The International Monetary Fund has released its Article IV consultation with Suriname highlighting the importance of implementing a fully-fledged value-added tax regime to lock in progress made on the fiscal and economic fronts in recent years.
The IMF pointed out that Suriname’s macroeconomic performance has strengthened markedly over the past decade, and growth in the nation’s gross domestic product (GDP) is keeping pace with the region’s fastest growing economies.
That being said, the IMF highlighted that despite significant progress on fiscal consolidation in recent years, the nation’s fiscal deficit drifted in 2012 to 5 percent of GDP from 4 percent in 2012, mainly due to higher public spending. The Government hopes to bring the deficit down to as low as 3 percent in 2013.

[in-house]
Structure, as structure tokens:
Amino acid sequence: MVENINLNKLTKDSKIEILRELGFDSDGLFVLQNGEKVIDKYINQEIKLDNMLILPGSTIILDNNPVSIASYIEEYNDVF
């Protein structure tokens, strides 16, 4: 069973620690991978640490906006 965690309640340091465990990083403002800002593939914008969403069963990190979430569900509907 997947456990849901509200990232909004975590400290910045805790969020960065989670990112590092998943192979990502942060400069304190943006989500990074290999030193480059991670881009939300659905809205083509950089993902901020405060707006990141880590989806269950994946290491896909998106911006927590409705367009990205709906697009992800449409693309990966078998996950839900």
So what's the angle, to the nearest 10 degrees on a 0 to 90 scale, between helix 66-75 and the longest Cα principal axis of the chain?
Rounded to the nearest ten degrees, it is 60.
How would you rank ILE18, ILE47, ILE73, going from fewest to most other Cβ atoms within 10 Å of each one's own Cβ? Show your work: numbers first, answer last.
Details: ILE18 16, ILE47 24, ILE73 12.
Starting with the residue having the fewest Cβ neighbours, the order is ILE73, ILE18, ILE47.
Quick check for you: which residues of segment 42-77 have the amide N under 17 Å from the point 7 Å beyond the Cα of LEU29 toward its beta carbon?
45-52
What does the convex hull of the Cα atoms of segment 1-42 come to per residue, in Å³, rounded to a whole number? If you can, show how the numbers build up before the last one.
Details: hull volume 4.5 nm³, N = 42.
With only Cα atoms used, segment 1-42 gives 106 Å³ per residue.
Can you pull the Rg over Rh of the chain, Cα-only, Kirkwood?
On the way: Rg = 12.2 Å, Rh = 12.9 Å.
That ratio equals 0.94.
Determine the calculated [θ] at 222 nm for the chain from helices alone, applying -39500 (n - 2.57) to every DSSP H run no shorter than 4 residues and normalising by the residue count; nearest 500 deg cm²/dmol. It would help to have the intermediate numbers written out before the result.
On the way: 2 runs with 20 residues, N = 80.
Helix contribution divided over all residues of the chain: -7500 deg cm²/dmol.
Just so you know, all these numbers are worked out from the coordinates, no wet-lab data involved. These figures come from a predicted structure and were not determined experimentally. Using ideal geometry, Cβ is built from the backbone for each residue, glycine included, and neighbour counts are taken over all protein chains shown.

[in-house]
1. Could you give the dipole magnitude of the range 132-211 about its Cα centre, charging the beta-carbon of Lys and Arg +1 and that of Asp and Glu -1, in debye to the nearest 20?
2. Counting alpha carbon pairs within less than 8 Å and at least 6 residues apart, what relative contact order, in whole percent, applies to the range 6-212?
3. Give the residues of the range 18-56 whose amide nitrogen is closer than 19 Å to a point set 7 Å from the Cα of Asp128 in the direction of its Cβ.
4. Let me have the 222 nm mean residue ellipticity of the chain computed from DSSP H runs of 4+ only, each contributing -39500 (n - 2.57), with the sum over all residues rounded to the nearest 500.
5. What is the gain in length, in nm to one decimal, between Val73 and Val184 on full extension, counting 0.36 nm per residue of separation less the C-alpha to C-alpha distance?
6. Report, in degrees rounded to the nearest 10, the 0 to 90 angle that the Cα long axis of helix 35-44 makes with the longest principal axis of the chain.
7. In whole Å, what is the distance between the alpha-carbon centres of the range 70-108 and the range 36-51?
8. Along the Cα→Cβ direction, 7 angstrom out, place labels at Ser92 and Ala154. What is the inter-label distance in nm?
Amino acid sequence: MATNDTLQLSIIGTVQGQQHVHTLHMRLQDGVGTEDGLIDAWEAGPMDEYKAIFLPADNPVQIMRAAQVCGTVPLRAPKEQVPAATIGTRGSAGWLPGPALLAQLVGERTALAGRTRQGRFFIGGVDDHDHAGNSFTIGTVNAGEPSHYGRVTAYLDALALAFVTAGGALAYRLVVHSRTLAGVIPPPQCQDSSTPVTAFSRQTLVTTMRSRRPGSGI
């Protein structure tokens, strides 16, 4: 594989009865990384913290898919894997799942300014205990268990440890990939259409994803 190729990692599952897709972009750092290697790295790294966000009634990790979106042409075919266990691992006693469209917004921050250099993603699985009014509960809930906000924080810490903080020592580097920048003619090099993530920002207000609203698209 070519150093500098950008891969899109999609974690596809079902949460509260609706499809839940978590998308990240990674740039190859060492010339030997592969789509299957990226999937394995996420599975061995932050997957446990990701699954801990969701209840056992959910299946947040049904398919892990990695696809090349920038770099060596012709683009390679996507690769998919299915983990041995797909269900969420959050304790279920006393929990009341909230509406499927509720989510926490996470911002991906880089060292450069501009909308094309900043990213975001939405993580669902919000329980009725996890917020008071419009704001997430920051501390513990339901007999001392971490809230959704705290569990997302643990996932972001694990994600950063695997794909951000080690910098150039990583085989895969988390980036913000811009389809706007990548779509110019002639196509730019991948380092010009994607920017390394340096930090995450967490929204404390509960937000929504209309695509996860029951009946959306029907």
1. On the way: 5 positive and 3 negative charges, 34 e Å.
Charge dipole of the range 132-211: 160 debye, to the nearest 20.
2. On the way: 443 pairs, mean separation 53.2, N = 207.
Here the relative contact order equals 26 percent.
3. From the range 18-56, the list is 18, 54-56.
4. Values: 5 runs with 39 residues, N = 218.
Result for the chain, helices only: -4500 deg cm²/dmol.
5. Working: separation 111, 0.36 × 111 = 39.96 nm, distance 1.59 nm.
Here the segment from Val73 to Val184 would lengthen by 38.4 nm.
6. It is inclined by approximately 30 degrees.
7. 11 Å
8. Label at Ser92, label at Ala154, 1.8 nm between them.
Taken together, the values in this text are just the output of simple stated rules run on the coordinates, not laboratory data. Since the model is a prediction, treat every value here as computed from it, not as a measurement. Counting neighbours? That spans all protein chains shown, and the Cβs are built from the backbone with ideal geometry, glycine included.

In providing recommendations, the executive board of the IMF welcomed Suriname’s strong growth supported by sound fiscal policies. It noted however that the country’s heavy reliance on commodity exports had exposed fiscal and external vulnerabilities. The board stressed the importance of structural reform to promote fiscal sustainability and enhance competitiveness.
A key part of this effort should involve the long-awaited transition to a value-added tax regime, the IMF underscored. Expected to be introduced from January 1, 2014, the value-added tax would replace the current tax on turnover, and zero rate basic foodstuffs.